Since MT was getting in on a late flight from Florida, I had a half-time dinner before meeting her later. Mother Hubbard’s seemed far enough off the beaten path that I wouldn’t have to deal with too many tourists. Plus they advertised genuine Chicago-style hot dogs, which I had been exhorted to try.

“Where you from?” the bartender asked after taking my order. Apparently I looked like that much of a tourist, though I’m sure asking what time the liquor stores close didn’t help. Talking about Boston sparked a conversation with the guy sitting two stools down – a New Jersey expatriate who’d lived in Colorado for a decade, then moved to Chicago to continue working for Hyatt Hotels. I chatted with him until the food arrived.

Against every instinct in my body, I let the ketchup lie, instead loading the dog with onions, sweet relish and mustard. And it was so good.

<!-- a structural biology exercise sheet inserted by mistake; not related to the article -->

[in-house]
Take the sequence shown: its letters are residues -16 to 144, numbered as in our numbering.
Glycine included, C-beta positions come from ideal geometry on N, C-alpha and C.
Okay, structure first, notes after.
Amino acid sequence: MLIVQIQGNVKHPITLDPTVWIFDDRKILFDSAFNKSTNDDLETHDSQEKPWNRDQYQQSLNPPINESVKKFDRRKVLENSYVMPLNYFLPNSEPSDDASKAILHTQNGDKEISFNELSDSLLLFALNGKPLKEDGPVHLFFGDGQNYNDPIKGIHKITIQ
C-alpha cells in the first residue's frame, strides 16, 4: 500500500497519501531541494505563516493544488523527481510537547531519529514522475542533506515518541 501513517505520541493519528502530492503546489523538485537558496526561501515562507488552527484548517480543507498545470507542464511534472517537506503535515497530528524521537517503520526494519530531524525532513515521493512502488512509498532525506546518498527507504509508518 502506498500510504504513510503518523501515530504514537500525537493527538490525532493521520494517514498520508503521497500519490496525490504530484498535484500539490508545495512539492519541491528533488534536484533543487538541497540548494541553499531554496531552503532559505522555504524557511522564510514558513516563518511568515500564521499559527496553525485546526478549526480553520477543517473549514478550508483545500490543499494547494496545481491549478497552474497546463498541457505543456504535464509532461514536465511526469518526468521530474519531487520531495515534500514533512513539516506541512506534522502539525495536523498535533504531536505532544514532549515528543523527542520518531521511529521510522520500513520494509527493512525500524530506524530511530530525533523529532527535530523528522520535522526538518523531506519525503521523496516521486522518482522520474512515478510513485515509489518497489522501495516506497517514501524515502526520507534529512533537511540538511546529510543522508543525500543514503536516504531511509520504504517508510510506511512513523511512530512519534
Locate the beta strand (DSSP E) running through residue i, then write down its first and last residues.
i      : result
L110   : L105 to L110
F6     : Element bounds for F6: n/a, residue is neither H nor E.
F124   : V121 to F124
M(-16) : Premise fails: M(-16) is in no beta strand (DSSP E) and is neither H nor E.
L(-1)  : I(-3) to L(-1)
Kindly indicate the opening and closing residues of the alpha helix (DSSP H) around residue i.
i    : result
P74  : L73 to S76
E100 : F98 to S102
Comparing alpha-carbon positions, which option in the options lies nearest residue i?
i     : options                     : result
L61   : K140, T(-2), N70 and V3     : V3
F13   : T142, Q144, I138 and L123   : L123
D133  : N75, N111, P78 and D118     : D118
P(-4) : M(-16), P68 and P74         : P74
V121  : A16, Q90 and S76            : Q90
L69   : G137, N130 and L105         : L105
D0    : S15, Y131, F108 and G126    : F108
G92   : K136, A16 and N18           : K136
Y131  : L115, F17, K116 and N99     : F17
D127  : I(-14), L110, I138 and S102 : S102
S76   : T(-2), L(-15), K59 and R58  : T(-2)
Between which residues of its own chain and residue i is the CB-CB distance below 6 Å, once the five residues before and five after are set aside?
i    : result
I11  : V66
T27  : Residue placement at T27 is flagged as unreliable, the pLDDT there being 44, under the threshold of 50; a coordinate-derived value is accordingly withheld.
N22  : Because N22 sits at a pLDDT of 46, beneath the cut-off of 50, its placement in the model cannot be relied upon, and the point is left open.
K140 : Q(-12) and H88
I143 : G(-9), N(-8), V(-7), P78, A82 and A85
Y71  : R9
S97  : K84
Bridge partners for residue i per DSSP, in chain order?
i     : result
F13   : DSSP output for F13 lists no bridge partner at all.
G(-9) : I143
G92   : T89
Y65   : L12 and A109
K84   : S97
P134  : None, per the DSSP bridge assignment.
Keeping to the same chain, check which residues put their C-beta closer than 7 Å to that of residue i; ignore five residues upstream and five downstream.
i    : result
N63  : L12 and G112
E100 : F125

Not So Fast, Shredder
After several scheduling complications, MT, her boy Adam and I settled on Heaven on Seven on North Michigan. Having already eaten, I tucked into a turtle soup, though MT insisted I try the pulled pork she ordered. All very good. I walked in with low expectations of what Chicago could manage for Cajun cuisine, but the freshness of the meat definitely helped.

MT doesn’t use Facebook, so I got her up to speed on gossip among our old friends. She was delighted at weddings, astounded at pregnancies and happy that folks had jobs and apartments.

President Gas is President Gas Again